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Dispel The Myth - Rebound Project Performance
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Organizations dealing with projects often make the typical mistake of adapting the same best practices, which are actually evolved for operation or production environment. Despite knowing that the key commitments of project (time, budget and scope/quality) all are interrelated, control actions are taken as though each of these commitments can be achieved discretely. While the framework of Critical Chain Project Management (CCPM) has given a more holistic approach for dealing with project business, some of the nuances are far from popular.
Project Postmortem.... & few wrong Diagnosis
When it comes to managing time in hindsight everybody is wiser. Planning is usually blamed for poor project performance. Any postmortem analysis of project reveals that there was plenty of opportunity for starting many tasks much earlier than actual. It appears; with good time in hand price negotiation with suppliers could have been better, alternate sourcing was possible and also scope control would have been much better. Yes!All in hindsight. No doubt;this perception forces the next project to push as many tasks and a mandate to do it as fast as possible.
"Start As Soon As possible" - Is there anything wrong with this approach? Does this really help the project to finish early? More than 70 to 80 % of the total number of tasks in a project does not fall on the longest path of task sequence. That means starting them early does not reduce the total duration of the project, but can it cause a delay in project completion?
Let us take an example that is applicable to most projects, ranging from large green-filed plant project, High capital expenditure capacity enhancement project (CPEX), Multi project EPC business and even valid for custom engineered product business. An activity such as 'Designing & release of drawings' - this is a basic task in this environment as it further triggers subsequent major tasks like civil construction at site, manufacturing of equipments& parts, Procurement of structural and other items and many service contracts.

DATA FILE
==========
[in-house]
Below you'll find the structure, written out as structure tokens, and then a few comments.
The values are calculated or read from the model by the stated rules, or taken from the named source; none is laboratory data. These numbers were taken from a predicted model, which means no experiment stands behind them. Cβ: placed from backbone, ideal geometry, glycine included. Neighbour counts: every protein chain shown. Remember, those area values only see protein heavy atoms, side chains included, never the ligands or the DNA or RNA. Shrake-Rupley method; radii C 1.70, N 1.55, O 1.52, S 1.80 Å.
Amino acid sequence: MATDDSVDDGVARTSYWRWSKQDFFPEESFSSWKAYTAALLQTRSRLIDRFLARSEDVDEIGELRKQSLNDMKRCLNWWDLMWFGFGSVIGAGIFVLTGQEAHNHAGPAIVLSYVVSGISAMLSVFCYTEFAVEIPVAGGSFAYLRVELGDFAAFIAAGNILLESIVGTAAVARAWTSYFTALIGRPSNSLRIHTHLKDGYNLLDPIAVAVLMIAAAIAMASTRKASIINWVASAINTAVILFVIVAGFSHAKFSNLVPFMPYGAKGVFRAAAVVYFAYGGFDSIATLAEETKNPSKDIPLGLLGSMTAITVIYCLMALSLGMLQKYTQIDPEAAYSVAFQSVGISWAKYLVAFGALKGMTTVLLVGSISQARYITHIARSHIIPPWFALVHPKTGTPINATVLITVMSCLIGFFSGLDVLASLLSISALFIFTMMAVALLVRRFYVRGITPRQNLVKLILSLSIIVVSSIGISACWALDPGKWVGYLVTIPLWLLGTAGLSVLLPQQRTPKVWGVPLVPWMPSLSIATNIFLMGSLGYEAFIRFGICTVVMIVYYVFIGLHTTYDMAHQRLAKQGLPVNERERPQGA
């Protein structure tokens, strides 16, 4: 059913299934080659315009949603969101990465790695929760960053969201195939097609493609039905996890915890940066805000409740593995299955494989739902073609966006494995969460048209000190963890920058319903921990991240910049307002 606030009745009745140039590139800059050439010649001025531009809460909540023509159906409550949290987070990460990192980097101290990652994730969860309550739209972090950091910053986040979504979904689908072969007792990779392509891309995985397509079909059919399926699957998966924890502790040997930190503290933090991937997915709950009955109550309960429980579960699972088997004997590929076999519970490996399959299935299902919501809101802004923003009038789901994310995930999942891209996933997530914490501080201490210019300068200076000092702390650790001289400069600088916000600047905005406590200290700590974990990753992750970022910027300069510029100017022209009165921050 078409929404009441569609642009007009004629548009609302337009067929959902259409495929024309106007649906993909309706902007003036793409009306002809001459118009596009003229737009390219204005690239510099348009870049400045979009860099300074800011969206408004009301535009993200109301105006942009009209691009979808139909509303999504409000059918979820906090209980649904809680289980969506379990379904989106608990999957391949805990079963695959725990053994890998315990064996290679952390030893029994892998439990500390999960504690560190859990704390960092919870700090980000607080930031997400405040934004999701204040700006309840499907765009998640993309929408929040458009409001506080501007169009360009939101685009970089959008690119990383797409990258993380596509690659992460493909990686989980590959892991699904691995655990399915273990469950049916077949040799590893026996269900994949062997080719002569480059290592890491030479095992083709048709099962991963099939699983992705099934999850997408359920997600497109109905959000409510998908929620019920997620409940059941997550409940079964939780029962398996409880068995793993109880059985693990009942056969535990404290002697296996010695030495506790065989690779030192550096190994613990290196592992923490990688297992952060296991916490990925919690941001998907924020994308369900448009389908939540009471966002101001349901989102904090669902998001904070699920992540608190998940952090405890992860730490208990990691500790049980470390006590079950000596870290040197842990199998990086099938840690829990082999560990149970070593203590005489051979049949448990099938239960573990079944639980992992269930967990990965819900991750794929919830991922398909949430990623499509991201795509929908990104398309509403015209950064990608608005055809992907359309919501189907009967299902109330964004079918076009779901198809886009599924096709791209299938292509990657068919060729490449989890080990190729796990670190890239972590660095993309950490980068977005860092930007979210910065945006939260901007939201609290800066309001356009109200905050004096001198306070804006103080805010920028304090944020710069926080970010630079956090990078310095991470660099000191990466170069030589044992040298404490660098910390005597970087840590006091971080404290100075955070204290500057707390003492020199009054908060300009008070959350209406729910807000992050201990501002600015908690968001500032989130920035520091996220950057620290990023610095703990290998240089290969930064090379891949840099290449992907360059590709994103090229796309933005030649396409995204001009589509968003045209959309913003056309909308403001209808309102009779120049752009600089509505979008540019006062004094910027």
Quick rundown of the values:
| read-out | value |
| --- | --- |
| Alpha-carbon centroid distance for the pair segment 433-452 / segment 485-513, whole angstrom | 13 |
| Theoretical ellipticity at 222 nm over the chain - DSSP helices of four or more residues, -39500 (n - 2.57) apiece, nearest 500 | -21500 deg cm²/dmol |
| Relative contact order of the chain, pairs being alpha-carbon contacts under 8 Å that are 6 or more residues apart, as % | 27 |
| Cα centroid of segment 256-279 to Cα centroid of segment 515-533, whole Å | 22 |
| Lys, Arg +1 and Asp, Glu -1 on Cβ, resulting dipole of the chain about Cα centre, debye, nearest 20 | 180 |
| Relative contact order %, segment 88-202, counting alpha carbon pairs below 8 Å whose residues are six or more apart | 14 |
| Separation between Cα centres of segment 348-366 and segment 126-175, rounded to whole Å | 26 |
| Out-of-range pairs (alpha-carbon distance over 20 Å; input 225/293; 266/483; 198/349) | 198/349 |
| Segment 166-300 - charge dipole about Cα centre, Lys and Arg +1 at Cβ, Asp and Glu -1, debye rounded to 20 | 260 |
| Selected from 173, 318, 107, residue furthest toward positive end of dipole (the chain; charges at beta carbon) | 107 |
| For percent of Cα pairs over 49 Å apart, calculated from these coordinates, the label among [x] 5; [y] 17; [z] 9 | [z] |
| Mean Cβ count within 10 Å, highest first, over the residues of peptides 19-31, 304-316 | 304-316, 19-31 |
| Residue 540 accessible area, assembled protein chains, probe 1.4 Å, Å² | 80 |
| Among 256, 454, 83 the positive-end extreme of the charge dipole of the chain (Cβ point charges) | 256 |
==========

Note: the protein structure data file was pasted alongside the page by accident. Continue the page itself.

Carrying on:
The task manager (The design Engineer) responsible for this task usually works on many such tasks and sometimes across many projects as well. This activity requires inputs from various departments, agencies, suppliers and also sometimes decisions from top management.
When there is a pressure to start tasks as soon as possible, the pressure is relatively higher for major tasks with longer durations where the progress of the project can be showed visibly like in Civil construction and manufacturing of equipments involving higher expenditures! This phase of the project is sort of rush hour for the design engineer. There will be many expediters from subsequent tasks putting pressure on the design engineer to get their drawing released so that they can start of their work as soon as possible.
These days designing & release of drawing itself is not a time consuming task for a seasoned design engineer, But it takes lot of time and invisible co-ordination efforts to integrate all the inputs required for completing a design engineering work. No doubt missing inputs & decisions from the client is a common problem faced by most of the design engineers.
In the absence of timely inputs, the design engineer ends up in moving from one design to another not completing any. Under such bad multitasking the task manger struggles to keep up his/her personal credibility in meeting the schedule and resorts to any one of the following.